Shropshire has an abundance of springs and many wells have been sunk down to aquifers (porous rock storing water). It is estimated that around 10,000 people in the county have a private water supply from one of those sources. In some cases, this is through personal preference but more the remote areas have no choice since there is no mains water supply. In 2011, the low rainfall meant that the water levels in aquifers fell and many wells and springs dried up. People had to fetch water from other areas and, around Clunton, some of the springs and wells failed to produce water for up to 3 months.
The main water provider in Shropshire is the Severn Trent Water Authority, which was established in 1985 when the West Shropshire Water Board and East Shropshire Water Board were privatised. It is one of 10 water authorities in England with a responsibility to supply fresh water and treat sewage for around 8 million people living in the Midlands of England and a small area of Wales. It took its name from the two major rivers in this area, the Severn and the Trent.
Although Severn Trent manages a number of reservoirs, none of these is in Shropshire. There are a few small reservoirs for private water supply but two are controlled by public organisations, ie
Chelmarsh Reservoir, Chelmarsh (SO733876)
This was built in 1963 and is operated by South Staffordshire Water to provide water for a large area of South Staffordshire and the Black Country. The water is sent via the “blue pipe” bridge over the River Severn to be treated at Hampton Loade Treatment Works, before being piped to surrounding towns in the Midlands.
Knighton Reservoir, Soudley (SJ738284)
This is operated by the Canal & River Trust to top up the Shropshire Union Canal, as well as Gailey Upper Reservoir, Gailey Lower Reservoir and Calf Heath Reservoir, all of which feed the Staffs & Worcs Canal.
Other reservoirs in private ownership include :-
Field Aston Reservoir, Chetwynd Aston (SJ759175)
Now used for angling.
Hyssington Reservoir, Hyssington (SO320942)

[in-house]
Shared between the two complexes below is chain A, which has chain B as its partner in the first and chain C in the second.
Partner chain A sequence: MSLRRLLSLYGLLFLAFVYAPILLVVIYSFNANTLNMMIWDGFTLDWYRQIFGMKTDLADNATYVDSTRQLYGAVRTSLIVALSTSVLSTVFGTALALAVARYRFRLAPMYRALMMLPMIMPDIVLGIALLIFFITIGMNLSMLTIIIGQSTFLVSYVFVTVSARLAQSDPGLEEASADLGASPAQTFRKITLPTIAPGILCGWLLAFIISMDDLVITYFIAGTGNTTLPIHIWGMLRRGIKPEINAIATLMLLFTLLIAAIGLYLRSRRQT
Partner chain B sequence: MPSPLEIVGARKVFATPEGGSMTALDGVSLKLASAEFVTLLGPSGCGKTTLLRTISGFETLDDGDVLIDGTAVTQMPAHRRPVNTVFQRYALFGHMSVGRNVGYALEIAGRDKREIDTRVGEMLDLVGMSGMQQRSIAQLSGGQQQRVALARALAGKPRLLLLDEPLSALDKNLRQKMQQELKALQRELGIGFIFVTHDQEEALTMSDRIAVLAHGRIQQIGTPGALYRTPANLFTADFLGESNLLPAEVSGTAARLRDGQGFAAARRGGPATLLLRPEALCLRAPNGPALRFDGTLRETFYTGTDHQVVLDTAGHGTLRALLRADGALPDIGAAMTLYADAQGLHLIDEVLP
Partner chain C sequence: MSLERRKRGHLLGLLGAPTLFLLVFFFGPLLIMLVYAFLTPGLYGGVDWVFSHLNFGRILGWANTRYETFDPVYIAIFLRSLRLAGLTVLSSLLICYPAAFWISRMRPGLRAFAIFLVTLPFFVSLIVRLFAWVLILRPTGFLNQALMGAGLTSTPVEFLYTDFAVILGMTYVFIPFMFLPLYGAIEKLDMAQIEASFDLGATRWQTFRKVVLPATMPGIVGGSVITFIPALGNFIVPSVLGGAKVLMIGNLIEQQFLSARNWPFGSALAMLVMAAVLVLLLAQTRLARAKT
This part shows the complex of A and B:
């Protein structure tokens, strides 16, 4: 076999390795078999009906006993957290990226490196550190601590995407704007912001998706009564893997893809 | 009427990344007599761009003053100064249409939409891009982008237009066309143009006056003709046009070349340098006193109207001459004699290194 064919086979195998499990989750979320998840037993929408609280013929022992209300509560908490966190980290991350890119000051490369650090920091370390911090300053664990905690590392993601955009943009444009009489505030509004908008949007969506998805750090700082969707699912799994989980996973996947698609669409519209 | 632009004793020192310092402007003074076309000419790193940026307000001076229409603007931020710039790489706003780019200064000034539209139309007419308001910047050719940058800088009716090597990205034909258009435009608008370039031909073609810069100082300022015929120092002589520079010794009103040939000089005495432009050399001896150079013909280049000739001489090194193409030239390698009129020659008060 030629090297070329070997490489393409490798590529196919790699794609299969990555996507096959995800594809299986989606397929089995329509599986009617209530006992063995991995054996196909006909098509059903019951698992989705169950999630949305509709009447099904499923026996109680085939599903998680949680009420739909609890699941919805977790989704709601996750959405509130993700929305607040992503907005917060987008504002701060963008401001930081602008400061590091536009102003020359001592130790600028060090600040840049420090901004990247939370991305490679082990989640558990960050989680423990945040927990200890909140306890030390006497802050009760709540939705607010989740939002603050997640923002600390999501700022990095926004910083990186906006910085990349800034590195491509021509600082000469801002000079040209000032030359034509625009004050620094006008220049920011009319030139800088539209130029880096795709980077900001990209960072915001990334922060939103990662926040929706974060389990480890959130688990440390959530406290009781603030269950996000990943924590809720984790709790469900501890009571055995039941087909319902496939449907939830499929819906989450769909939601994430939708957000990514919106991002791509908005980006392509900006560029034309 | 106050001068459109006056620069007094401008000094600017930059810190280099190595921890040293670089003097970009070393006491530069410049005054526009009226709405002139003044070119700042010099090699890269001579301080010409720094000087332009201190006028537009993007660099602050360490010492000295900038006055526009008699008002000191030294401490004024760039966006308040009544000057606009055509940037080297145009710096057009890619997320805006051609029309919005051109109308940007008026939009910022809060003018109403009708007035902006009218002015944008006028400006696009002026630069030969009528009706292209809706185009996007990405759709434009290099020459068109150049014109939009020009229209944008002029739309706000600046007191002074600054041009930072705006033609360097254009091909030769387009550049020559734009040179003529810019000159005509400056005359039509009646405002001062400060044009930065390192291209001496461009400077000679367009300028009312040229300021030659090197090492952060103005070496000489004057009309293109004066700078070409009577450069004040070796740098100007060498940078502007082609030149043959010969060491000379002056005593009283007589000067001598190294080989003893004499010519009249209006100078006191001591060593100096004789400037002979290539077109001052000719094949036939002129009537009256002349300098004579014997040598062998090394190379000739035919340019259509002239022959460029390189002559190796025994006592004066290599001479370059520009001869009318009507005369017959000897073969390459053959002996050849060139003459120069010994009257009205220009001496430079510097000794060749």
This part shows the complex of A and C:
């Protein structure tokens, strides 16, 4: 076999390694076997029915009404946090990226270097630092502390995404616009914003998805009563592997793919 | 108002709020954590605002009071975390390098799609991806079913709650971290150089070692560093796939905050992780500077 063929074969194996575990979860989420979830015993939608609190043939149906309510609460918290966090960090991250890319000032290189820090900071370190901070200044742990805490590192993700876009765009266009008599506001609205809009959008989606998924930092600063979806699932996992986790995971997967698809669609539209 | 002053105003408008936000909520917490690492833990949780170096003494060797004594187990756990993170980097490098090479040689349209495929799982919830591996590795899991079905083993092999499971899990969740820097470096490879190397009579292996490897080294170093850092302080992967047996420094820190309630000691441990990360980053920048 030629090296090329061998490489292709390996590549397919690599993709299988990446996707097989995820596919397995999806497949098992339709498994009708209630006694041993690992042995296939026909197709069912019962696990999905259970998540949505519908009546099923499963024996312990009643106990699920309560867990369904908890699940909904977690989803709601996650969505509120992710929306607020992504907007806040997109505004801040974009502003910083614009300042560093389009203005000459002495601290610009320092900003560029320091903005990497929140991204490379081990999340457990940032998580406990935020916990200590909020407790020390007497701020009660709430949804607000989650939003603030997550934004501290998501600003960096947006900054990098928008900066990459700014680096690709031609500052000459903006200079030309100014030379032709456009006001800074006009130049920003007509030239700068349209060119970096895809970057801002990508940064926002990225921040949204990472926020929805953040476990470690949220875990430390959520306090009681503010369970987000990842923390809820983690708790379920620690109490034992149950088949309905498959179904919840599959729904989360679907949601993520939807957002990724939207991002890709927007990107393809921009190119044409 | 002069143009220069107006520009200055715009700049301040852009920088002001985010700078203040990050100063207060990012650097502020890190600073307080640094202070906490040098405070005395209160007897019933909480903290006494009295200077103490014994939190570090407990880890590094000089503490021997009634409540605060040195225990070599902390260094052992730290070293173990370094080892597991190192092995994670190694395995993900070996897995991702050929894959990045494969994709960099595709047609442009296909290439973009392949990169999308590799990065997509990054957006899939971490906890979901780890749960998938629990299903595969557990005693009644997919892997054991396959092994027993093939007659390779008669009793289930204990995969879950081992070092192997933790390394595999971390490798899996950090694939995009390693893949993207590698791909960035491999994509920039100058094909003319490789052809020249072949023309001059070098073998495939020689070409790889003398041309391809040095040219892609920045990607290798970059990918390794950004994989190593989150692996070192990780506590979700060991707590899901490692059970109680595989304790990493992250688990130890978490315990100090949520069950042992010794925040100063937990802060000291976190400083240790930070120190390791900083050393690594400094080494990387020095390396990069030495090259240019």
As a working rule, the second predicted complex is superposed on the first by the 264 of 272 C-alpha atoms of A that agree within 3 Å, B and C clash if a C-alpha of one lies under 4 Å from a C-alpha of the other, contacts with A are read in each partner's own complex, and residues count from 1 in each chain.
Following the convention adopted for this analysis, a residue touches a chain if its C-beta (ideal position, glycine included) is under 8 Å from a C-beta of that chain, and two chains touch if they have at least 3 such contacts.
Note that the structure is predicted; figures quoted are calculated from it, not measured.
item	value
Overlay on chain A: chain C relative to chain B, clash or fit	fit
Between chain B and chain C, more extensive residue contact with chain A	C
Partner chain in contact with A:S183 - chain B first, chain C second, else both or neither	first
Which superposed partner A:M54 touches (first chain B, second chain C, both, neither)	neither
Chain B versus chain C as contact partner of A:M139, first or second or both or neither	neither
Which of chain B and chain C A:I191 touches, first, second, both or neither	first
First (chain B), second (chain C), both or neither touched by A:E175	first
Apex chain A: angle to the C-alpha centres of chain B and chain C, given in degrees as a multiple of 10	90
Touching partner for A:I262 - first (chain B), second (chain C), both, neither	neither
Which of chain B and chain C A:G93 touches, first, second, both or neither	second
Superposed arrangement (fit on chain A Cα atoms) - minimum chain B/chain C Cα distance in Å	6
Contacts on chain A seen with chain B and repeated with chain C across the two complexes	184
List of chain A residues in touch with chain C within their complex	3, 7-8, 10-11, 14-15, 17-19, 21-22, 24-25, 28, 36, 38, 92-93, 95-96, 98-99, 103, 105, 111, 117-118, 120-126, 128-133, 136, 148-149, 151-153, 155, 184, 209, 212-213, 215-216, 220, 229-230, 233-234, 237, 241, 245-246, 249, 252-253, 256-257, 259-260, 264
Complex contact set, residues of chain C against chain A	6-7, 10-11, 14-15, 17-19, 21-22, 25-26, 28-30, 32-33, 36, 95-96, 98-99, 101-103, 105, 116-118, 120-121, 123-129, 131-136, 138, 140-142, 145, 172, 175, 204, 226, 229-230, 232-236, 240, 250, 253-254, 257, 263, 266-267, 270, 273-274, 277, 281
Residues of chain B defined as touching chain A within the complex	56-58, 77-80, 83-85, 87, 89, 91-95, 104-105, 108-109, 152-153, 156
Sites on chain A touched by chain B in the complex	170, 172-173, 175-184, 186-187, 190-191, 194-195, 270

This is a small covered reservoir.
New Pool Hollow Reservoir, Church Stretton (SO436946)
Built in 1902 to provide water for Church Stretton and contains 12 million gallons. There is a metal water overflow tower sticking out of the water and the bottom of this is connected to a short tunnel. Now on land owned by the National Trust, it was featured in the series of books by Malcolm Saville.
Oswestry Reservoir, Oswestry (SJ270296)
Built in 1881 on the route of water from Britain's first high masonry dam at Lake Vyrnwy, along 68 miles of aqueduct to service reservoirs at Prescot, east of Liverpool. Water is filtered at the Oswestry Reservoir, which is one of several balancing reservoirs and water tanks along the route of the pipeline.
Posenhall Underground Reservoir, Broseley (SJ657017)
This is a small covered reservoir and was being offered for sale in Feb 2016.
In recent years, there has been a surge in demand for bottled spring water. This has resulted in a number of firms setting themselves up to bottle and sell spring or mineral water. In actual case, most of the firms pump water out of a well rather than tap into a surface spring. However, obtaining the water directly from the underground aquifer means that it should be free of contamination. A number of Shropshire firms are involved in this trade.
This is bottled at three locations in the UK, Montgomeryshire, Cambridgeshire and Wolverton in Shropshire. At the latter, it is bottled on their behalf by Wenlock Spring Water. It uses 70% recycled green glass bottles which are also are sourced in Shropshire. The mineral content is :-
Owned by local entrepreneur Harry Tuffins since 1955 and based in Churchstoke.
The mineral content is :-
Based in Knighton since 1991. The mineral content is :-
Based in Church Stretton since 1881. There is a good website detailing the history of the Cwm Dale Spring. The mineral content is :-
Based in Wolverton, below Wenlock Edge, since 1995. The mineral content is :-